Following this fall’s “robo-signing” scandal, in which banks were accused of processing foreclosures without proper reviews, banks have slowed their pace of foreclosures until they clean up their paperwork procedures, experts say. Otherwise, the number of foreclosures would be much higher for the quarter, says RealtyTrac spokesman Rick Sharga.

Meanwhile, Nevada continues to post the highest rate of foreclosure activity, followed by Arizona and California. Nevada alone had 32,000 properties, or one in every 35, receiving a foreclosure filing.

Source: “Foreclosures Off 30% This Year,” CNNMoney.com (April 14, 2011) and “Processing Delays Cut Foreclosure Activity by 27% in 1Q 2011: RealtyTrac,” HousingWire (April 14, 2011)

Homeowners facing foreclosure about to win right to mediation

More homeowners in Washington state could get help avoiding unnecessary foreclosures under a bill awaiting Gov. Chris Gregoire’s signature.

The bill, the “Foreclosure Fairness Act,” would give distressed homeowners working with housing counselors or attorneys the right to in-person mediation with the bank or company servicing their mortgage. Consumer advocates expect Gregoire to sign the bill Thursday.

Washington, among the 27 states where court approval of foreclosures isn’t required, would become only the third state — after Nevada and Maryland — to adopt a foreclosure-mediation program in which a homeowner can seek to modify terms of their loan.

“There’s no silver bullet, but this will at least be a competent response to the irresponsibility of the financial industry,” said Bruce Neas, a Columbia Legal Services attorney who helped negotiate the bill.

State regulators, who receive hundreds of complaints each year against national mortgage servicers, have been stymied by federal rules that limit their power to intervene.

The only recourse for homeowners has been going to court, where they’re usually outmatched by servicers.

Also Wednesday, federal regulators announced they had ordered eight national banks — Bank of America, Citibank, HSBC, JPMorgan Chase, MetLife Bank, PNC, U.S. Bank and Wells Fargo — to hire an outside firm to review all foreclosure actions from 2009 to 2010 and submit a plan to remedy “all financial injury to borrowers caused by any errors, misrepresentations, or other deficiencies” identified by outside consultants.

The move by state lawmakers to require mediation comes as the foreclosure crisis in Washington continues. In the first three months of the year, more than 5,600 homes were seized and more than 7,000 were headed to foreclosure auction, according to RealtyTrac.

The bill before Gregoire also would provide an estimated $7.5 million for foreclosure-prevention efforts and more than double the number of housing counselors. Washington has just over 40.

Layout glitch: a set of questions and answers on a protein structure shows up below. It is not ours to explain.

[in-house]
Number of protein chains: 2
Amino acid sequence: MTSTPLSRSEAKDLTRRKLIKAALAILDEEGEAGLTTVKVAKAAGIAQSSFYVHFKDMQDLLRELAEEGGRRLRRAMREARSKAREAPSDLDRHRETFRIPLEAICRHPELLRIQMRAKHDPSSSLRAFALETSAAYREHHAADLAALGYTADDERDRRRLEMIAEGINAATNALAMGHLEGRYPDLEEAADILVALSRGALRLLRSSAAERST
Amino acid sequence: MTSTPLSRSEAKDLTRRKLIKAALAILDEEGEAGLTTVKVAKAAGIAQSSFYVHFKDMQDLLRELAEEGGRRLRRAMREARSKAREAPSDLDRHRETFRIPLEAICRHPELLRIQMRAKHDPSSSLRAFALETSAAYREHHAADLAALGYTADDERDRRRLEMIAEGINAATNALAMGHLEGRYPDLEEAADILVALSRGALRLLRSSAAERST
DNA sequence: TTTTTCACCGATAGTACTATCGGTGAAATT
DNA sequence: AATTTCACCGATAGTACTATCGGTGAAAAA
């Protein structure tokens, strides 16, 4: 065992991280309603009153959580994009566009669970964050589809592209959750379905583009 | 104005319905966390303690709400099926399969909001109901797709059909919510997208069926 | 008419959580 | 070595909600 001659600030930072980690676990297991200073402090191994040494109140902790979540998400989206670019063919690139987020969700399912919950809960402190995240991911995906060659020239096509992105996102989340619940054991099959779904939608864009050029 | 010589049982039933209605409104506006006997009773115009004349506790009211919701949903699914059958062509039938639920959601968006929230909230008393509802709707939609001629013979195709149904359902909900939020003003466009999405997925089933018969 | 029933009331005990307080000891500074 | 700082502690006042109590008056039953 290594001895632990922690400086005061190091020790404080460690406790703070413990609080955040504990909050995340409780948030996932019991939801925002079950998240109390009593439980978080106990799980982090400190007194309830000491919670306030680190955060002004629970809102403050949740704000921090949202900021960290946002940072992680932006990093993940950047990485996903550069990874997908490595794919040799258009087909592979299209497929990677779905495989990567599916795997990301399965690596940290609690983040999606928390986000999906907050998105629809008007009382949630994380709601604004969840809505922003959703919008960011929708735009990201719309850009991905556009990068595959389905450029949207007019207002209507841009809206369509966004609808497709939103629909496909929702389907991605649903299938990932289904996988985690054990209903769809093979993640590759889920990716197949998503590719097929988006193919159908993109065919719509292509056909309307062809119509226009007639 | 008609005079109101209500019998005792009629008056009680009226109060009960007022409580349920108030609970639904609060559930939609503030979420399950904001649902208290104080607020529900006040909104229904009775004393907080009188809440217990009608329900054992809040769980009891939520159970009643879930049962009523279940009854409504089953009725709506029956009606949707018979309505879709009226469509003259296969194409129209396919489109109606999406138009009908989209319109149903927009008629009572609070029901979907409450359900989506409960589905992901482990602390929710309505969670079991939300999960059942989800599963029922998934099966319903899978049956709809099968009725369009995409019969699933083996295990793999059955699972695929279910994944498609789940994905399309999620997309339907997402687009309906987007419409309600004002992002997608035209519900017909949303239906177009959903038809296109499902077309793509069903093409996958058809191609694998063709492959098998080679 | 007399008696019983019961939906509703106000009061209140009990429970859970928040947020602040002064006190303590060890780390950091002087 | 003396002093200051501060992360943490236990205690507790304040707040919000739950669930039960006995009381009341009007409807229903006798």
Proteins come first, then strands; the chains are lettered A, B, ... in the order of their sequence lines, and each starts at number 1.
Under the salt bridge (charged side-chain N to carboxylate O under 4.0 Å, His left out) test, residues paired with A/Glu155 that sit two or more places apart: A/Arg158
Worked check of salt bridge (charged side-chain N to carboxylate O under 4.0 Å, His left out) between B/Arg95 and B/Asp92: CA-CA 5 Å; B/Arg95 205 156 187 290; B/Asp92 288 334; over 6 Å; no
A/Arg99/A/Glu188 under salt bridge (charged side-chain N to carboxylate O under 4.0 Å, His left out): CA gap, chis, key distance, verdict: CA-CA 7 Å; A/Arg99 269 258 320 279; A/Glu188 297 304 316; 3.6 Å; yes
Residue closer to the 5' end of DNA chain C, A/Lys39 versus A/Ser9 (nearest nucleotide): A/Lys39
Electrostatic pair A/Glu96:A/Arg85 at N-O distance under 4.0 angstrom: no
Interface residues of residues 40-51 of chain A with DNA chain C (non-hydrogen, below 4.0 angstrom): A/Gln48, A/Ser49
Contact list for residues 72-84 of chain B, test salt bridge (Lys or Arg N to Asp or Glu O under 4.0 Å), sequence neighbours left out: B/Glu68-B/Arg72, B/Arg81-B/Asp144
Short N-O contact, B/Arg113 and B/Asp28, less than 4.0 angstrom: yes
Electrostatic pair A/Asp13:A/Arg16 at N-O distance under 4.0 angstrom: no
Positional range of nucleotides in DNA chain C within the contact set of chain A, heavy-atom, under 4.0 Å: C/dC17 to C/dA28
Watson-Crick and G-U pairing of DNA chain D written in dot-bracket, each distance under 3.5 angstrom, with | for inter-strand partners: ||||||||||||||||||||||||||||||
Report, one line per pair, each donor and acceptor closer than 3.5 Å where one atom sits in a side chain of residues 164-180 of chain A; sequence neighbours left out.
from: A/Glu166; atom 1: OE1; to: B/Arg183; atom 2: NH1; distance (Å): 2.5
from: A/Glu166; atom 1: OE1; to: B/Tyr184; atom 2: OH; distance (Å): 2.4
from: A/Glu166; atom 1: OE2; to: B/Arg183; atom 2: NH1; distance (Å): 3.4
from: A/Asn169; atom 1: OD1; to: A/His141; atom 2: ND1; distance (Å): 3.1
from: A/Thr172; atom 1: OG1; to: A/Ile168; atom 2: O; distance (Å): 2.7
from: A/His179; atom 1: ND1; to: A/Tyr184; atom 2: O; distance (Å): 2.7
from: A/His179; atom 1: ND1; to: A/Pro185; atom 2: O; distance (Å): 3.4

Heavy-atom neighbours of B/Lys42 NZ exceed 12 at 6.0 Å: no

“The real hope is that by adding the counselors, the banks and families would reach some kind of agreement before going to mediation,” said Kim Herman, executive director of the Washington State Housing Finance Commission.

Under the proposed law, once a homeowner becomes delinquent, the servicer must send a letter asking the owner to contact the server and urging the person to call a housing counselor or attorney for help.

Homeowners who respond to the letter would be given 60 more days before the servicer could file a notice of default.

If the counselor or attorney couldn’t resolve the issue with the servicer, they could refer the homeowner to a mediator through the state Department of Commerce.

The Commerce Department selects the mediator, who must hold a session within 45 days. The homeowner and servicer share in the cost of the mediator’s fee, which can be up to $400.

If the mediator finds the servicer didn’t participate in good faith, a homeowner can use that to ask a court to stop the foreclosure. The state Attorney General’s Office also could pursue penalties against servicers.

When lawmakers opened negotiations on the bill, consumer advocates were surprised by the bankers’ first move.

Without prompting, the Washington Bankers Association offered to pay a $250 fee for every default notice filed, with the stipulation that 80 percent of the money pay for housing counselors.

“It did surprise people,” Herman said.

The association, which represents national and community banks, suggested the fee because it wants more delinquent homeowners to work with housing counselors, said James Pishue, the group’s president.

National studies show that homeowners who work with trained housing counselors have much higher success rates in reaching an agreement with their servicer.

“We thought that would prevent the need for mediation,” Pishue said. “Ultimately it results in fewer foreclosures.”

Marc Cote, a housing counselor who oversees the state’s foreclosure-prevention hotline, said he’s pleased with the measure.

“The main thing I’m hopeful for is that the mediation piece will inspire servicers to resolve the hundreds, in my experience, of [loan] workouts that are still not resolved after months and months.”

Source: Sanjay Bhatt, Seattle Times (April 13th, 2011)